Parliament Probes Uganda’s Role in S. Sudan’s Dura Grain Fraud

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The South Sudan government reportedly paid up to USD 1 million (3.7 billion Shillings) to hundreds of domestic contractors to supply food to state governments ahead of a projected famine in 2008. However, the food was never delivered.
A woman prepares grain for a meal

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The select committee on South Sudan compensation is probing Uganda’s possible role in the infamous dura saga in which companies that received payments for cereals from the South Sudan government never delivered them.   

The South Sudan government reportedly paid up to USD 1 million (3.7 billion Shillings) to hundreds of domestic contractors to supply food to state governments ahead of a projected famine in 2008. Under the purchase, the government had sought to up a stockpile of dura (Sorghum), a staple of the South Sudanese diet. However, the food was never delivered, starting what was later referred to as the Dura saga.  

A team of World Bank auditors established later that 290 companies were paid without signed contracts and another 151 were overpaid. It has since been established that many of the companies involved lacked the capacity to source the required amounts of grain, while others displayed high-risk red flags. Subsequent investigations have indicated that several of the companies involved were shell companies set up days and in some cases even hours, before being awarded contracts. 

The committee on South Sudan compensation has now said that it will be reviewing the matter to ascertain whether there were Ugandan companies involved in the rip off and if any of them is now claiming compensation for supplies that were never made. It is also seeking to establish whether the government of Uganda knew about the scam.  

Committee chairperson Ann Maria Nankabirwa says their intention is to find out whether some suppliers from Uganda could have supplied hot air, and are now making claims.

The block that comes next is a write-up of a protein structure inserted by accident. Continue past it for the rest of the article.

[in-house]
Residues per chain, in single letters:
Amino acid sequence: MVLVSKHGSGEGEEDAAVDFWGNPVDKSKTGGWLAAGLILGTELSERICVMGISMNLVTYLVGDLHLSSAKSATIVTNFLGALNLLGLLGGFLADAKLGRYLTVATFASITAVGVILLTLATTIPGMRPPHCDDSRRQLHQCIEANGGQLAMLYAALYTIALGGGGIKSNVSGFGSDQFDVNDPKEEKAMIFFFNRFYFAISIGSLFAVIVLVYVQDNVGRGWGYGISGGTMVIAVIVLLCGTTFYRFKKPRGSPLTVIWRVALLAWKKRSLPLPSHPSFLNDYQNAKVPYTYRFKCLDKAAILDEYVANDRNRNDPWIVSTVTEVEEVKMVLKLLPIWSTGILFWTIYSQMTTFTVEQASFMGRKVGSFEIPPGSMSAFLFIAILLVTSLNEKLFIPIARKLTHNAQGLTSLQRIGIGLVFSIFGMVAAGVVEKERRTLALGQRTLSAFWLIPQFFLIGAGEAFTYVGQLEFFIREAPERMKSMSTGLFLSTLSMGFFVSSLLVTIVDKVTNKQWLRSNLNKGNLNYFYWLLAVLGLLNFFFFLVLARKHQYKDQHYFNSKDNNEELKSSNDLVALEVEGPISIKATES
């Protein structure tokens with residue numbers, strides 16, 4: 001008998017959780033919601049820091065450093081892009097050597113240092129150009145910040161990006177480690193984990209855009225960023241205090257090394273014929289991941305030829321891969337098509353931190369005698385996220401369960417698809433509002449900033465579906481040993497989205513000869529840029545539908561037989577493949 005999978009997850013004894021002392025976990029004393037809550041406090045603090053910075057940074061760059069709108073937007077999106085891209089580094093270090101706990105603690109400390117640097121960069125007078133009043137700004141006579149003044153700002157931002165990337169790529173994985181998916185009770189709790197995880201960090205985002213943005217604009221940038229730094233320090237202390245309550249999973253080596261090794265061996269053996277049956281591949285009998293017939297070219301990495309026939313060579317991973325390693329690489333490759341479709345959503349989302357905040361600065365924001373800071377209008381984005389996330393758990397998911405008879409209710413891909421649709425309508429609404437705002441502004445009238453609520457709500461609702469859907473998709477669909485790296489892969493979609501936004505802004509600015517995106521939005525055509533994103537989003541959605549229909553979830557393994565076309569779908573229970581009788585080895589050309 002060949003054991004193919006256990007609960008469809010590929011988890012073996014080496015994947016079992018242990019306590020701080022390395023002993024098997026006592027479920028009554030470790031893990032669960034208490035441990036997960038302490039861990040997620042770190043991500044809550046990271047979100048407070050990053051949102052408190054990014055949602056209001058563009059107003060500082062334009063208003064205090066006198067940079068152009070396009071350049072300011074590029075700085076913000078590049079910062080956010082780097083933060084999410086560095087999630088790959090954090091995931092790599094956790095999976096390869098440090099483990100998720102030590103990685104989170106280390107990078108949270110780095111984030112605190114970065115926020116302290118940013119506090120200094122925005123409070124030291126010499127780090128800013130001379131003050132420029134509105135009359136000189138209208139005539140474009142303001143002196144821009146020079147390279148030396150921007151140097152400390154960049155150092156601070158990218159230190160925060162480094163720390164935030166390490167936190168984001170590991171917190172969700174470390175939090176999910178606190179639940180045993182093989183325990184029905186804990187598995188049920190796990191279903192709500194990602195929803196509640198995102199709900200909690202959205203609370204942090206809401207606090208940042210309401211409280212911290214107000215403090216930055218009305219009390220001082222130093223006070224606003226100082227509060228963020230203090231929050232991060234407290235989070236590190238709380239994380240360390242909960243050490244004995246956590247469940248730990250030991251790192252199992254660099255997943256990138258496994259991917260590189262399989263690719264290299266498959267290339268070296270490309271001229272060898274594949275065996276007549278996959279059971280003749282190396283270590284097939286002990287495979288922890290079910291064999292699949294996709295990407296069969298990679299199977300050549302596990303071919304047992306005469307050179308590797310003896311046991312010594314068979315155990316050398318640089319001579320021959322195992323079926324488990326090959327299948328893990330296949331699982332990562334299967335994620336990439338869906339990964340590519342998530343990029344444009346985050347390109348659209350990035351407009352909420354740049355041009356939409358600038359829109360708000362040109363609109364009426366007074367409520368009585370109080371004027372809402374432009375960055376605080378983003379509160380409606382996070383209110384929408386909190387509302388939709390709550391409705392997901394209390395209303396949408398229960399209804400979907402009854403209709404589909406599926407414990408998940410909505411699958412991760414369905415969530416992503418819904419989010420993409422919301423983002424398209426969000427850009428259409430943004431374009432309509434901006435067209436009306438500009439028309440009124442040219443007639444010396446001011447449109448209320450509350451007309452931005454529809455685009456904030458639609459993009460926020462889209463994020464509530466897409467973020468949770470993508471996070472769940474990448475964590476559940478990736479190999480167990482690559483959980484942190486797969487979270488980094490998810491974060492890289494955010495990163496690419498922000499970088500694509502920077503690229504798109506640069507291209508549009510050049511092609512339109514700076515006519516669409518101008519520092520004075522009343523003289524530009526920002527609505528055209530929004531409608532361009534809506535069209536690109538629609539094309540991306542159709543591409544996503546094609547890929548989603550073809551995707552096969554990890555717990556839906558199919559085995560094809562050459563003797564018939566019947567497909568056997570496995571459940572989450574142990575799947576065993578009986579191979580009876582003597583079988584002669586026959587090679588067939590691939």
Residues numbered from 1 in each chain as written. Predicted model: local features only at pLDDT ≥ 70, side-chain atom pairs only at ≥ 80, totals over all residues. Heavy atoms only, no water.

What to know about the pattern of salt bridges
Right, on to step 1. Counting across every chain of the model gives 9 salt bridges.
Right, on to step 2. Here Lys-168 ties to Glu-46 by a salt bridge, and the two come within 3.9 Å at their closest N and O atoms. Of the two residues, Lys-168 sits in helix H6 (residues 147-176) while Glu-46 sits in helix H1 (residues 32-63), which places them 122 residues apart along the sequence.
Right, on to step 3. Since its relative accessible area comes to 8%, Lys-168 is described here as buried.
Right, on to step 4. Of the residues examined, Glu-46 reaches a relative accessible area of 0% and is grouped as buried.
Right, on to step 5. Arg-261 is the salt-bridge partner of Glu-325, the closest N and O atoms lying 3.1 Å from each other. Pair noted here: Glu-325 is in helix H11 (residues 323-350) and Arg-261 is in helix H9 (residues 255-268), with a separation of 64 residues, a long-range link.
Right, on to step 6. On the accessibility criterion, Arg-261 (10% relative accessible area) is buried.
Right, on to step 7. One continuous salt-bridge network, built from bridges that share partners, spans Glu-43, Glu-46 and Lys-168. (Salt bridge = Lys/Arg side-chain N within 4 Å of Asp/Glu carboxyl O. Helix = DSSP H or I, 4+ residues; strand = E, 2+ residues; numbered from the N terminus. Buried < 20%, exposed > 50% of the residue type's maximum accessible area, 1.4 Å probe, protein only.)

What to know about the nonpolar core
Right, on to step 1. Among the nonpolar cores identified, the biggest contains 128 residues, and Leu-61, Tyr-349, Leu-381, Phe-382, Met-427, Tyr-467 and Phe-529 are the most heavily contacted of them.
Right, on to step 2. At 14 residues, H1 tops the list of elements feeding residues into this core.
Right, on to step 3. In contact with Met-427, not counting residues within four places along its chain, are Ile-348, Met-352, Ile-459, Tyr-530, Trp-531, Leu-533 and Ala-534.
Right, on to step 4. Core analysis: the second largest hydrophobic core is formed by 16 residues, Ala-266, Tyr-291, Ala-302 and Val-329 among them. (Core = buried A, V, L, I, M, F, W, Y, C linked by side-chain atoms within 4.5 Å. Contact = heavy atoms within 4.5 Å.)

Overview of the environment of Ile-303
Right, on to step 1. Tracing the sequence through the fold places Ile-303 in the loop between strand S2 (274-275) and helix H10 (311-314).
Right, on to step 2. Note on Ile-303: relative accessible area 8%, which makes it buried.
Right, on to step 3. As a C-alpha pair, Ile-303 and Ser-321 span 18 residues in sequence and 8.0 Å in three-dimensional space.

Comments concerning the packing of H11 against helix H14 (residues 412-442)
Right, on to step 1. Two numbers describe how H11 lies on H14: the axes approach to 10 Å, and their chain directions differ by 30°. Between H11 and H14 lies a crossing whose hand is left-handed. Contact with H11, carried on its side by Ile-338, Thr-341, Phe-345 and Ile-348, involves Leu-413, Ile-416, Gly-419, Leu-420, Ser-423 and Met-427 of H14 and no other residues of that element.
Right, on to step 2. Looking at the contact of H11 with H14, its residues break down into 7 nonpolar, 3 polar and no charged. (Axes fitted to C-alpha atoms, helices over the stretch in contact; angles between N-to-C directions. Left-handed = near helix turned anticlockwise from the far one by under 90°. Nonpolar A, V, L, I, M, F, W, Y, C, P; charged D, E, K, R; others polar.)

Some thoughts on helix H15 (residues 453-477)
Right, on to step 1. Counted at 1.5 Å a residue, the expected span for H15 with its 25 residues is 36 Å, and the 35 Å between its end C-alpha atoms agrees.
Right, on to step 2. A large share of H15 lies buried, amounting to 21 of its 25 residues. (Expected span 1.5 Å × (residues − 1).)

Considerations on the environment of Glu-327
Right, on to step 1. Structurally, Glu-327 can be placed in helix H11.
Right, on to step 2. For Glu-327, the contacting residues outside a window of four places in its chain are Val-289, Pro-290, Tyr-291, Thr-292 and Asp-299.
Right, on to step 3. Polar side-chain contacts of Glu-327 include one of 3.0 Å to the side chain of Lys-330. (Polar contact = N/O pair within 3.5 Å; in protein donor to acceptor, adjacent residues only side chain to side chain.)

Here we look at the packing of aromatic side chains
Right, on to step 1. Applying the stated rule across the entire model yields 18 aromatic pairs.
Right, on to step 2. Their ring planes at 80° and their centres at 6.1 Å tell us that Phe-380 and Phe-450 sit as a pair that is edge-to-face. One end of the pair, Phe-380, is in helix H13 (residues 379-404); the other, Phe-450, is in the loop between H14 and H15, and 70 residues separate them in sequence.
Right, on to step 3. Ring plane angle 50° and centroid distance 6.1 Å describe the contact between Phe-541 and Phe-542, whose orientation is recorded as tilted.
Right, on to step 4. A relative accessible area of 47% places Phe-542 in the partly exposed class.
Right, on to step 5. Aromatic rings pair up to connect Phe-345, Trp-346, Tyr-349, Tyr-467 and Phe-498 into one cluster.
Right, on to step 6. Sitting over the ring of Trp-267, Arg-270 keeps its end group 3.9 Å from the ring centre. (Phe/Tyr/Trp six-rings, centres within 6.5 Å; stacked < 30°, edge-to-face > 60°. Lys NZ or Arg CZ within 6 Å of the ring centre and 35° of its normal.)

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The committee has in recent weeks been reviewing a payment of USD 41 million (152 billion Shillings) advanced to 10 Ugandan companies that supplied goods and services to South Sudan between 2008 and 2013 when war broke out.

The 10 companies, under the Uganda South Sudan Grain Traders and Suppliers Association Ltd, supplied maize and sorghum to 10 South Sudan states under the Strategic Grain Reserves Suppliers for USD 56 million (208 billion Shillings) between 2008-2010. 

Under the agreement, the money was to be paid in five instalments. However, the South Sudan government only paid the first instalment of USD 15 million (56 billion Shillings), leaving a debt of USD 41 million (152 billion Shillings) prior to the outbreak of the civil war in 2013. 

The government has since secured parliamentary approval to clear the debt on behalf of the South Sudan government to traders who have been verified. The South Sudan government will then pay back the money based on a repayment schedule agreed upon in a five-year Bilateral Agreement that runs from 2018- 2022. 

These companies that were subject to the 2010 Memorandum of Understanding between Uganda and South Sudan include Rubya Investments, Kibungo Enterprises, Aponye (U) Limited, Afro Kai Ltd, Swift Commodities Establishment Ltd, Sunrise Commodities, Ms Sophie Omari, Apo General Agencies, Ropani International and K.K Transporters.  

Others that were not included on the list include; Roko Construction Company, Ake-jo General enterprise, JB Traders, Odyek Ejang Company, Dott Services, Gunya company limited, Premier company, MFK company among others. 

The committee had earlier said that they had plans to meet South Sudan Government officials on the compensation.  

Meanwhile, suppliers have called on the government to expedite the process of compensation saying they are losing their property and many of them getting out of business.

According to Geoffrey Okwir Gunya, who is demanding up to USD 88,000, several Ugandans have lost their capital and investments because of the nature of trading in South Sudan. He said Parliament should speed up the process to ensure that the traders are compensated equitably.

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